I predict the take home will be around $150,000 before the night is over.
Marc Smith of CHAB says well over $200,000. And, honestly, he’s probably right.
The best thing?
You have to be in the building that night to collect the prize.
Capacity is 4,500.
Gonna bet they’re going to stretch that a bit.”
The Warriors home-opener, against the Brandon Wheat Kings, is scheduled for Sept. 22.
If you’re a regular here, you will have seen a few paragraphs the other day relating to how junior-aged players are able to attend WHL training camps and maintain their NCAA eligibility.
That post elicited an offer from Ross Beebe, the educational advisor to the BCHL’s Langley Rivermen and the NCAA policy advisor for Global Sports Camps.
“This is year 24 for me so I am very familiar with the ‘ins/outs’ of the NCAA,” Beebe writes. “Should any of your readers wish/require more NCAA information on amateurism or academic standards, I would be more that happy to share my knowledge. This is a volunteer position for me so there would be no cost.”
If you are looking for answers, you may reach Beebe at firstname.lastname@example.org
Dorothy, my wife of 46 years, will celebrate the fifth anniversary of her kidney transplant by taking part in the 2018 Kamloops Kidney Walk. If you would like to help her get to $3,000 in donations you are able to do so right here.
Nick Redding is the new head coach of the junior B Creston Valley Thunder Cats of the Kootenay International Junior Hockey League. Redding, 26, is from Spokane. He played four seasons with the KIJHL’s Spokane Braves, before going on to Eastern Washington U. Last season, he was the general manager and assistant coach with the Braves. Earlier this summer, Redding had signed with the Seattle Thunderbirds as the hockey operations co-ordinator. . . . The Thunder Cats had been looking for a head coach since late in August when GM/head coach Brad Tobin left to join the BCHL’s Surrey Eagles as assistant GM and associate head coach.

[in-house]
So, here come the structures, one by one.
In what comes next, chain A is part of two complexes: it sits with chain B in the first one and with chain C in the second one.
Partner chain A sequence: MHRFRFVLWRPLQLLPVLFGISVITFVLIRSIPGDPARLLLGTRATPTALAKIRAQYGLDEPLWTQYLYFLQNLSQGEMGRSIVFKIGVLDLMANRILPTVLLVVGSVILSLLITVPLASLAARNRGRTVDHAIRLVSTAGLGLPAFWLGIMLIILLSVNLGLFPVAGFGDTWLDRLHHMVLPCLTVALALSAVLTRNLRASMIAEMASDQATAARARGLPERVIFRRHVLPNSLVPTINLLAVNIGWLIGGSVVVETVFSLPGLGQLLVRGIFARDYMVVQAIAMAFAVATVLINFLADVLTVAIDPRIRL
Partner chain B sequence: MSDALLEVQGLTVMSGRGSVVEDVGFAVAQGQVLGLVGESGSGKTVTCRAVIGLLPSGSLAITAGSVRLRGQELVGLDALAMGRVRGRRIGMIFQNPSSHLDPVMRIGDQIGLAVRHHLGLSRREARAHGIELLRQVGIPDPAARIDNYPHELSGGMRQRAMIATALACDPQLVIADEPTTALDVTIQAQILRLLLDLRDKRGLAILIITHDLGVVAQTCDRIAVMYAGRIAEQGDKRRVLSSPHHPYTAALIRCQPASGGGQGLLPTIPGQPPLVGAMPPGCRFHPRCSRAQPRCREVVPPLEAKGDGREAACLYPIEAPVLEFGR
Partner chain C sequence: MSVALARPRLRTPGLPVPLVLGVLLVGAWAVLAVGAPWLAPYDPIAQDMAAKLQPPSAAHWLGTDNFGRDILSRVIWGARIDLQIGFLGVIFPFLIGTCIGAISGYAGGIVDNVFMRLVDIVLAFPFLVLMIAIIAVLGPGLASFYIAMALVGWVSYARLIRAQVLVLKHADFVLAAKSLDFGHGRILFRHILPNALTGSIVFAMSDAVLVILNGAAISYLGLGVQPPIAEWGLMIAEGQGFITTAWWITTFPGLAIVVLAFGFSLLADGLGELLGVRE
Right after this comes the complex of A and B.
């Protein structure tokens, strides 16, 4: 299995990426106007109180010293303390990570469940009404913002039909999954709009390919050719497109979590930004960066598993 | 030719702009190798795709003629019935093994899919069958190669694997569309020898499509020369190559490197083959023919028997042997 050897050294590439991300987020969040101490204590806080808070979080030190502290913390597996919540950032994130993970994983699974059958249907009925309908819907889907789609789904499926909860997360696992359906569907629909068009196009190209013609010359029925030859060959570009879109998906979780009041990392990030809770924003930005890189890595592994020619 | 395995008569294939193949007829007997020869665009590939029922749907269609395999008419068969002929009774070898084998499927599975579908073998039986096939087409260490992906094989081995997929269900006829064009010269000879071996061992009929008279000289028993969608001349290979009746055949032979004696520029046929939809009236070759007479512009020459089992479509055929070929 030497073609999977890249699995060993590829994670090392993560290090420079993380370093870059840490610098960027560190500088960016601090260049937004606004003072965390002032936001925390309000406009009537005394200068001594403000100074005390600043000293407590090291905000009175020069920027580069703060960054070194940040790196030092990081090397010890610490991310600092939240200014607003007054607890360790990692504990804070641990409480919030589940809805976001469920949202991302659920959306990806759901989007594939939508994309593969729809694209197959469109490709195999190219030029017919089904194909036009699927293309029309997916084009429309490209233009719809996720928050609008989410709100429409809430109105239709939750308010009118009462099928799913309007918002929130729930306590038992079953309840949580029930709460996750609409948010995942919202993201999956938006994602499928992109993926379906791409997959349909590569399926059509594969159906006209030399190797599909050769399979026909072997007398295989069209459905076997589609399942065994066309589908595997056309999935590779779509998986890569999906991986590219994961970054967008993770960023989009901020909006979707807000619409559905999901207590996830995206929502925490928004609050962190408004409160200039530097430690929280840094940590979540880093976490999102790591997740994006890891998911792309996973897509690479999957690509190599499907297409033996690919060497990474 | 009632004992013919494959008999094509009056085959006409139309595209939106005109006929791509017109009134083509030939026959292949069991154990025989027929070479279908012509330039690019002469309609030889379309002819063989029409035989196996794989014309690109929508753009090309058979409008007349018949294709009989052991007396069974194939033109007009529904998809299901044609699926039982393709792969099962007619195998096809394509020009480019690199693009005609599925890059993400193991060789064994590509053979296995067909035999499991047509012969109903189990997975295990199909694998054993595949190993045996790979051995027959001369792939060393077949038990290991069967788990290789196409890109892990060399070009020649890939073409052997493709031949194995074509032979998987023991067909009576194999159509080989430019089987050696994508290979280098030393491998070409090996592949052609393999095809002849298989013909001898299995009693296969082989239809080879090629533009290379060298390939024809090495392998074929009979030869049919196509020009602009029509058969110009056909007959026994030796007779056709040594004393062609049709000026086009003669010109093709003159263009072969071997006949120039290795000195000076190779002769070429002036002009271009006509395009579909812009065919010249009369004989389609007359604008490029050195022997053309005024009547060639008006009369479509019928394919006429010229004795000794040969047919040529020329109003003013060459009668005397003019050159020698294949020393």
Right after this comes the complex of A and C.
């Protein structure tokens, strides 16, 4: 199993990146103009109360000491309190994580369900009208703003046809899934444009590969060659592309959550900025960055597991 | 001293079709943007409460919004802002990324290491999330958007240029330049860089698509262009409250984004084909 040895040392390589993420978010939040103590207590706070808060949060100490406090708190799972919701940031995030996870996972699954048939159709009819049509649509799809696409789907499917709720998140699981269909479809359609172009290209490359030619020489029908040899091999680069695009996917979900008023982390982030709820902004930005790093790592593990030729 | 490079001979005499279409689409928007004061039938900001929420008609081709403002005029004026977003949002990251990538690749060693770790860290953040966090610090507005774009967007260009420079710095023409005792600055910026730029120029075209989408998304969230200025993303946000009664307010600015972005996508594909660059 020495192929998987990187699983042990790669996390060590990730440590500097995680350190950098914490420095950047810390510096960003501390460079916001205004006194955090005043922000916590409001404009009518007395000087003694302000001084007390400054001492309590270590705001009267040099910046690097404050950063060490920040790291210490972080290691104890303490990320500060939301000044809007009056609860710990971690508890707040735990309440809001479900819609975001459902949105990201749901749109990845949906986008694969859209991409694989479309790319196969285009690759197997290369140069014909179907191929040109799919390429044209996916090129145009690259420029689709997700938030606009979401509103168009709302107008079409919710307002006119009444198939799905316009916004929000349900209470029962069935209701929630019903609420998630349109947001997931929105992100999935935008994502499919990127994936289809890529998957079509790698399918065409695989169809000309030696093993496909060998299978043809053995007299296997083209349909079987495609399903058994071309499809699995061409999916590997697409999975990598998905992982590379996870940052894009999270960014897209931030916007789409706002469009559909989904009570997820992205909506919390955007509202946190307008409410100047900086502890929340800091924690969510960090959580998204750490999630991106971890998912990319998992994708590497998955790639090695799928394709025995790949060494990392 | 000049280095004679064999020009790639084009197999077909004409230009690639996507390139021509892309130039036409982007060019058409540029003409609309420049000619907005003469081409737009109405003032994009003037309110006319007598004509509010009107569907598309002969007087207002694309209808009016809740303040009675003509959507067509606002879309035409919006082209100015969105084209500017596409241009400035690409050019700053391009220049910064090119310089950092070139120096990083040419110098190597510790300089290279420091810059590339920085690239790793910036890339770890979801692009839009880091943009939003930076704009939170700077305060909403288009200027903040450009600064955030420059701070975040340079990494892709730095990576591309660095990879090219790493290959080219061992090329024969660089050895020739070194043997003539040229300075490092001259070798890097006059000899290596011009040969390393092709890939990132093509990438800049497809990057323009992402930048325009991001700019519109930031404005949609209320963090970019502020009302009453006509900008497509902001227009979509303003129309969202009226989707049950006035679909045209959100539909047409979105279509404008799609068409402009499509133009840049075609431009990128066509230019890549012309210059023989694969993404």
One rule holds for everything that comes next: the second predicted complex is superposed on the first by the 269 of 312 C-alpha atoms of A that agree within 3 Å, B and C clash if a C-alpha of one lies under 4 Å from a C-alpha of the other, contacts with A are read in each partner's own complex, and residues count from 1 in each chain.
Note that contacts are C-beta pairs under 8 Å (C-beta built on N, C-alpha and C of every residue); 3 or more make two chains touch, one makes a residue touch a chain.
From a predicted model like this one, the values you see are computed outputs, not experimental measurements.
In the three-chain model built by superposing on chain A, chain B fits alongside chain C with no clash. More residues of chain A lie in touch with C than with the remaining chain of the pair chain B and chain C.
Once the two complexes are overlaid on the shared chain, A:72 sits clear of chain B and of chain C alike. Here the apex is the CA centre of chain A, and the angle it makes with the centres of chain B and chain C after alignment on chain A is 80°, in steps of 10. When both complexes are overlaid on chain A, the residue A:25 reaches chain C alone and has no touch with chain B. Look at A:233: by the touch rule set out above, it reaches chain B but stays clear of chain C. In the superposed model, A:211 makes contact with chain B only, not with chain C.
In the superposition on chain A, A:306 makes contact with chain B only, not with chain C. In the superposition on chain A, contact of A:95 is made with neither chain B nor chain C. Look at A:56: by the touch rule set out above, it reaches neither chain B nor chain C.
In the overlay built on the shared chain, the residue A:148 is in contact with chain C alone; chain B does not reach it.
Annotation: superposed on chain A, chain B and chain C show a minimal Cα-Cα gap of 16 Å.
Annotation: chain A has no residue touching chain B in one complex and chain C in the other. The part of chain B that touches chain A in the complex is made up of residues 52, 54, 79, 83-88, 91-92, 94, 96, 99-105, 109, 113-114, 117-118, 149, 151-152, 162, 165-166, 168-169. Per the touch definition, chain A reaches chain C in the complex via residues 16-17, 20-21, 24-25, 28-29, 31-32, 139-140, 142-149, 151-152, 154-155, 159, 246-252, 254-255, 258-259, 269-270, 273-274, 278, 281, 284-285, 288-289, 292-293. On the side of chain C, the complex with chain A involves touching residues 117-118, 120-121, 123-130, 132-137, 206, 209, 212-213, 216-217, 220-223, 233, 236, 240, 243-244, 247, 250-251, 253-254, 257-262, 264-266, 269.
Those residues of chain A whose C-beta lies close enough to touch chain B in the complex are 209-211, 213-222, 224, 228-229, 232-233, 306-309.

Liz Thunstrom turned 80 recently and on Friday received a belated birthday present that thrilled her no end. It was a ride in the Fanboni during a Vancouver Giants game at the Langley Events Centre. . . . The Langley Times has more right here.
“San Francisco Giants first baseman Brandon Belt named his newborn son August,” reports Dwight Perry of the Seattle Times, “in honor of his college coach at Texas, the late Augie Garrido. Just be thankful the Longhorns hired Garrido instead of Oil Can Boyd.”
A recent report predicts a huge shortage in physicians. Today kids don't want to be physicians. They want to be Kardashians.